"Peter Erlinder, 62, said he had to sleep on a concrete floor without a blanket and without assistance from the embassy after his May 28 arrest in Kigali, Rwanda's capital. The Minnesota law professor thanked U.S. Secretary of State Hillary Rodham Clinton for saying Rwanda shouldn't arrest lawyers [emphasis added] but said embassy officials in Kigali and Nairobi have not helped much. 'My government insisted that I take my medications from my captors rather than bringing me medications directly,' Erlinder told a news conference in Nairobi, his first public comments since his arrest. 'It was impossible for them to arrange a doctor whom I would pay so that I wouldn't have to get my food and my medication from my captors.'
"A spokesman in Kigali said the U.S. embassy there offered regular assistance to the imprisoned lawyer. 'Embassy officials visited Erlinder every day and were in constant touch with his family,' embassy spokesman Edwina Sagitto said. 'The Embassy also provided him food every day, and medicine from his doctors in the United States every day.'
"Erlinder did not outright say that he feared taking food from Rwandan authorities, but that was the implication. He added that it wasn't clear to him that 'my own embassy was working in my interests.' He did not elaborate."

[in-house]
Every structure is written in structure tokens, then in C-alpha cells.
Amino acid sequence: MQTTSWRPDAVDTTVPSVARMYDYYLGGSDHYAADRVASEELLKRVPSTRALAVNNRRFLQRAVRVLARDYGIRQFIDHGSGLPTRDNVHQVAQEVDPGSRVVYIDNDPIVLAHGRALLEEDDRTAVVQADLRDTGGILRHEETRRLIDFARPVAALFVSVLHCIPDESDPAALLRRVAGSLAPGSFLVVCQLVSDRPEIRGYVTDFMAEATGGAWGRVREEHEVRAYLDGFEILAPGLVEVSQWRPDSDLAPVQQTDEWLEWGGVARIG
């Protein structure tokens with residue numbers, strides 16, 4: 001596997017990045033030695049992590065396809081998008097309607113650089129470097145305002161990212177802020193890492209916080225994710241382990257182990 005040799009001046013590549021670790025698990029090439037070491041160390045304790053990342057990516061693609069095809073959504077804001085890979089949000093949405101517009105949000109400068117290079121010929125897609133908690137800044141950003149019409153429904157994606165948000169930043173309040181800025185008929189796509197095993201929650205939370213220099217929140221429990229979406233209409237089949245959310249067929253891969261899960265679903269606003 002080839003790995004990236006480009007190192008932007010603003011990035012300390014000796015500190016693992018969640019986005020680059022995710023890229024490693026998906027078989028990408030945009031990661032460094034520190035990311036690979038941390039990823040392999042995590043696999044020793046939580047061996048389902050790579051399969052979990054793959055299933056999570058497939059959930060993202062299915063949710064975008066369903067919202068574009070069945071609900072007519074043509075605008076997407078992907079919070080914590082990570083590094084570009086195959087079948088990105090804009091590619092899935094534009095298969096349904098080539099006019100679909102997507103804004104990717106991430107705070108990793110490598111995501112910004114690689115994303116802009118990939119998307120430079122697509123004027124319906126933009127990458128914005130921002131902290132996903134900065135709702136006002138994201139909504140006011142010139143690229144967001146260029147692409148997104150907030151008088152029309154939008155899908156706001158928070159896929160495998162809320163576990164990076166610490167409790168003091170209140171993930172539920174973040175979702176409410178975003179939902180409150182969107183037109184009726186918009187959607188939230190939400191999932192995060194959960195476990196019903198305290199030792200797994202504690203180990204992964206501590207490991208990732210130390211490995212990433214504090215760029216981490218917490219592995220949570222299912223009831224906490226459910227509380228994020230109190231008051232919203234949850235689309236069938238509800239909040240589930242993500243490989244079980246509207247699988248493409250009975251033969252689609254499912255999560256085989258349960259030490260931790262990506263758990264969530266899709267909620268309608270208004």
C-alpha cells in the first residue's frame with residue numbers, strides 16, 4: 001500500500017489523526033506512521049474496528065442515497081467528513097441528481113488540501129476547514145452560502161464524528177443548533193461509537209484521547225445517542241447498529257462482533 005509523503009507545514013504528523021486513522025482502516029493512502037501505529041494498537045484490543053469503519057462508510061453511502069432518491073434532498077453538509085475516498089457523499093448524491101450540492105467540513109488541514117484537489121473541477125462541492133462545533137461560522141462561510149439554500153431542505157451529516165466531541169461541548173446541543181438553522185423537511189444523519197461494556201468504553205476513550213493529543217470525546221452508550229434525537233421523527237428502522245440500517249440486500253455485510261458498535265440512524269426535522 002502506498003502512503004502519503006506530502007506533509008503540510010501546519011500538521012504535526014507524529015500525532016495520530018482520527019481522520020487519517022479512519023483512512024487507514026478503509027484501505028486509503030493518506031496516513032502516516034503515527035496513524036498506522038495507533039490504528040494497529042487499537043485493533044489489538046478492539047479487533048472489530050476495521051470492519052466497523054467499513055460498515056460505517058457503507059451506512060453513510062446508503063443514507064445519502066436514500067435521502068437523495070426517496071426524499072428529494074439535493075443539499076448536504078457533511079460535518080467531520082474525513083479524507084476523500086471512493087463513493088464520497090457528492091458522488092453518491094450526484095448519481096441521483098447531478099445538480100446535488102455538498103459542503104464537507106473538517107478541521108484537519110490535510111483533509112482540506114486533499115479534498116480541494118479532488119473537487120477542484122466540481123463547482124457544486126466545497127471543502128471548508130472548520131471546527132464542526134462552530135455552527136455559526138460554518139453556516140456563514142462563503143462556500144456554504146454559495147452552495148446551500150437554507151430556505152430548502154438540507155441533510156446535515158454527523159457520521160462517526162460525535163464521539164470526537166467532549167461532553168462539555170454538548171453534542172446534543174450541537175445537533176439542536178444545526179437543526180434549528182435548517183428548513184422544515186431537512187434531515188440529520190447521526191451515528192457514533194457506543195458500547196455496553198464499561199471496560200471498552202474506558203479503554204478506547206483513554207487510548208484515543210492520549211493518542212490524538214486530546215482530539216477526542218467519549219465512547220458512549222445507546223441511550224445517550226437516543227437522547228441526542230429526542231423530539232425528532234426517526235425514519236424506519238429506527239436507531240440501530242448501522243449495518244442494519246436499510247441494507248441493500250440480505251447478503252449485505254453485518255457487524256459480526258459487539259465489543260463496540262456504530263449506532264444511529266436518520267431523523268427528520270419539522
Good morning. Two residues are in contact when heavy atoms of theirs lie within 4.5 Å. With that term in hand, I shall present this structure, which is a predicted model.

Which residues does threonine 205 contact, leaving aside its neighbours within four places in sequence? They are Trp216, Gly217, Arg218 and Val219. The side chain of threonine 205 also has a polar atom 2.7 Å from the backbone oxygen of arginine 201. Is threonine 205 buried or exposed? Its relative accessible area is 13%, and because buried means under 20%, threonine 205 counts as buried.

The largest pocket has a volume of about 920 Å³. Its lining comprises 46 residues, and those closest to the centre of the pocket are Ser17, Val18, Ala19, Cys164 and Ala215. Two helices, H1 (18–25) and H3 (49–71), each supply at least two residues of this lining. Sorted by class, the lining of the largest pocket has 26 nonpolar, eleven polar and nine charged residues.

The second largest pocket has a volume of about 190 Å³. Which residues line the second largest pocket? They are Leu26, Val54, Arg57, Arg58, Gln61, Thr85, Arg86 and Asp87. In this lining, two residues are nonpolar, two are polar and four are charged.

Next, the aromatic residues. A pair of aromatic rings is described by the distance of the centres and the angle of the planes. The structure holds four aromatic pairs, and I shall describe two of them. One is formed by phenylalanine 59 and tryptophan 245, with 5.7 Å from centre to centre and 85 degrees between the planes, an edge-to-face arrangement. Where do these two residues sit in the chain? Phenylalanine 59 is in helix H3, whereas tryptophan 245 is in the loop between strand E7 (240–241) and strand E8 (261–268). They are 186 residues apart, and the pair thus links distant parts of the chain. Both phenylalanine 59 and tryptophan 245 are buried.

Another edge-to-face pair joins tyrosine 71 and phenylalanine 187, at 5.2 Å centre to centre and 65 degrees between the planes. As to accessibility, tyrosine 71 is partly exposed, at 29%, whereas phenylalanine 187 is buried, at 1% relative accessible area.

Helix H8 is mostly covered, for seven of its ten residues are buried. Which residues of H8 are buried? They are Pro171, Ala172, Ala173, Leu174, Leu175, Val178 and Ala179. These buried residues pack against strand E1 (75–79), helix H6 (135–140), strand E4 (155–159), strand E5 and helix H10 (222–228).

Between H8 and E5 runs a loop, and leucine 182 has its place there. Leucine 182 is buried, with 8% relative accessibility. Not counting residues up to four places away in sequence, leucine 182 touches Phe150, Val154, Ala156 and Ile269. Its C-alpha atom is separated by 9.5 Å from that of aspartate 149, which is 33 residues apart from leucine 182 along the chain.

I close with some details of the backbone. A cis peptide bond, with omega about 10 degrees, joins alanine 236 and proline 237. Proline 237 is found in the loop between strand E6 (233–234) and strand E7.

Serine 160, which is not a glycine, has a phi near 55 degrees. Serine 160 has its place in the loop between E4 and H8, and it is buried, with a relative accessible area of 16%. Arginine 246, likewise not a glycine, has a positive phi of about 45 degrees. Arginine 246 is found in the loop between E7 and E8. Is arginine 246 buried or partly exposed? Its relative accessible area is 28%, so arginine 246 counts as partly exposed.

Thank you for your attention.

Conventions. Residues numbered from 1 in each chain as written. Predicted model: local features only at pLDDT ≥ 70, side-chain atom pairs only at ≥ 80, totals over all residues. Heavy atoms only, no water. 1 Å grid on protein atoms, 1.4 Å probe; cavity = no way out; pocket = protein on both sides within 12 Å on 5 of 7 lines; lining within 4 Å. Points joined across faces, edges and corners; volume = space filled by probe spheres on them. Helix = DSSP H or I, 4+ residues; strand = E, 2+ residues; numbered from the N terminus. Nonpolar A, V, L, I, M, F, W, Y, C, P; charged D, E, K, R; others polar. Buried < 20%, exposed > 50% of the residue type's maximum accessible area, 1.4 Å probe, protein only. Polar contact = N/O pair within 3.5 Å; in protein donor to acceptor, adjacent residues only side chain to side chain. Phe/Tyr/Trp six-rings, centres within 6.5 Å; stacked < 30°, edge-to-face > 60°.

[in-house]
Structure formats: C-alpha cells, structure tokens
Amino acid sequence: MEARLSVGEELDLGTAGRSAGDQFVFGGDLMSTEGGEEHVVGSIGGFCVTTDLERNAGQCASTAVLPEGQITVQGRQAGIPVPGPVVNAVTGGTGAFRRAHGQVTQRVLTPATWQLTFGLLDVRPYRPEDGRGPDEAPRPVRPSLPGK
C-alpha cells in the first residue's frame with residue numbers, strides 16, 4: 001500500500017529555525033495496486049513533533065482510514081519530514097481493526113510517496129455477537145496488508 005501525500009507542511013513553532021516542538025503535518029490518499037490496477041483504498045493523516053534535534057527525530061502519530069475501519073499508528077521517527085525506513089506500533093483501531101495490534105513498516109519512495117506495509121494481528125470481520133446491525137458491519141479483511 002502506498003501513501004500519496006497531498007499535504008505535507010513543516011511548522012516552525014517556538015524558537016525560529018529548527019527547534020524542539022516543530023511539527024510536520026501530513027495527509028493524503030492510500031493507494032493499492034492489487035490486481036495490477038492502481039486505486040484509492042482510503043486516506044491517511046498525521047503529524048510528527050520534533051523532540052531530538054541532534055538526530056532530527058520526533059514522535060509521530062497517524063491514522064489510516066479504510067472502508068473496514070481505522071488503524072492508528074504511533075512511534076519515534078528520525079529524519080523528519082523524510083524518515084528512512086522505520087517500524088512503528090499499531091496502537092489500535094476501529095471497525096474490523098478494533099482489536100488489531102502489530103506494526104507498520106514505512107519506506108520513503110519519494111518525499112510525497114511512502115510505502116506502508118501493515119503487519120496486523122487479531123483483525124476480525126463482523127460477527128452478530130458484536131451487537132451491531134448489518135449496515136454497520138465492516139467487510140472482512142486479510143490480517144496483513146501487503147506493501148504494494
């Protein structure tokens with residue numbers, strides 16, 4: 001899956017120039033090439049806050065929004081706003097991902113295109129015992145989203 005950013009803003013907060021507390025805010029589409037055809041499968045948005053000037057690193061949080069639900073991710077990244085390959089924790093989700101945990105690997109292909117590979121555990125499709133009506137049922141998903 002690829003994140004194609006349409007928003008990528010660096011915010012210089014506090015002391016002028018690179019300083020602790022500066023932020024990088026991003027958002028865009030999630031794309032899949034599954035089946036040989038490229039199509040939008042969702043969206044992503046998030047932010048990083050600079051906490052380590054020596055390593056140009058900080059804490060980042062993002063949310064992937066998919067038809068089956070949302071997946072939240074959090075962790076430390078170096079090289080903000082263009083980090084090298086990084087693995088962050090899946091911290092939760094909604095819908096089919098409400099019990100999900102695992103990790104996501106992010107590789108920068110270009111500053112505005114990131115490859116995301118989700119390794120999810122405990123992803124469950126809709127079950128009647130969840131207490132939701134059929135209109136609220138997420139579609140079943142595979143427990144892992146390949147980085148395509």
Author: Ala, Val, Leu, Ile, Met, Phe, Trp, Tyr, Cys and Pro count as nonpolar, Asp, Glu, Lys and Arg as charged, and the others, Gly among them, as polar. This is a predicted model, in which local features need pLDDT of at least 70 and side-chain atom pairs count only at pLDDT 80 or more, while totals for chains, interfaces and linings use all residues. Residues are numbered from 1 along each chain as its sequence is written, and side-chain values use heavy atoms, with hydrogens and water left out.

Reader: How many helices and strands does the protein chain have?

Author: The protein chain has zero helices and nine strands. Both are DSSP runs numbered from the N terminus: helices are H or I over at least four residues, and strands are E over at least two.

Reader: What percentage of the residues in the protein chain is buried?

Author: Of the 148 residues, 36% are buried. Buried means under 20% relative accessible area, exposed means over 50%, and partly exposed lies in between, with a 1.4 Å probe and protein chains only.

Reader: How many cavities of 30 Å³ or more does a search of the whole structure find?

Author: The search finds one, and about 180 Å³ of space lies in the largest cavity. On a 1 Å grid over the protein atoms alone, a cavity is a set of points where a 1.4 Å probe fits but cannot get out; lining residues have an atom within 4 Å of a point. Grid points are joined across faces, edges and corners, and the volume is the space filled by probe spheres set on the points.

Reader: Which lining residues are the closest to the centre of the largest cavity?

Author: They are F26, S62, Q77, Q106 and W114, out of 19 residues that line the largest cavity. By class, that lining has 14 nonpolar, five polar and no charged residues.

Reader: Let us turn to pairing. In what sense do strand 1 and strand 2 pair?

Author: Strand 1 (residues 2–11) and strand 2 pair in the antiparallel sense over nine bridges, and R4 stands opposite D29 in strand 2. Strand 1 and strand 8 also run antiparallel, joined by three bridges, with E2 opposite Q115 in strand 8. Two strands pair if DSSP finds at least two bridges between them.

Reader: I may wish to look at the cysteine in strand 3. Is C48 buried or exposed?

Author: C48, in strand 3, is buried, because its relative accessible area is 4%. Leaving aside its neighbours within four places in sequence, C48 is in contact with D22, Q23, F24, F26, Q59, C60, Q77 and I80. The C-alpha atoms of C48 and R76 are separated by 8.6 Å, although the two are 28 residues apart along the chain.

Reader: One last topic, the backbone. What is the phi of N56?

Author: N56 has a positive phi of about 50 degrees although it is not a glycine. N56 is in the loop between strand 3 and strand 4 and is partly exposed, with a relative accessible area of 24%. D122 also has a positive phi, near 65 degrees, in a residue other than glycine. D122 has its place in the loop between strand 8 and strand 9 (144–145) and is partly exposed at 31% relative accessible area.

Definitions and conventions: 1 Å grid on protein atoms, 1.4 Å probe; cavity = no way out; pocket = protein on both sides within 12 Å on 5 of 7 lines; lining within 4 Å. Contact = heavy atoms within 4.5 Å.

The story goes on (find the rest here) but perhaps this is enough.
The story does not mention which Rwanda prison. This is Gitarama. Wonder where these gentlemen get food and medicine daily.
Anyone could find the contradictions in this story: the embassy didn't help, didn't provide the exact help he wanted (implying that there was help, just not his favorite flavor), didn't provide its help in the way he wanted... And by the way, Madam has searched the net in vain for the Secretary's statement to the effect that lawyers shouldn't be arrested - can someone else find it? There are SO many possible (and shamelessly funny) responses to that observation that Madam simply can't choose between them.
Nevertheless, welcome home, Professor.
As Madam often says, consular officers don't do their jobs for thanks. But thank you, Kigali! And never mind.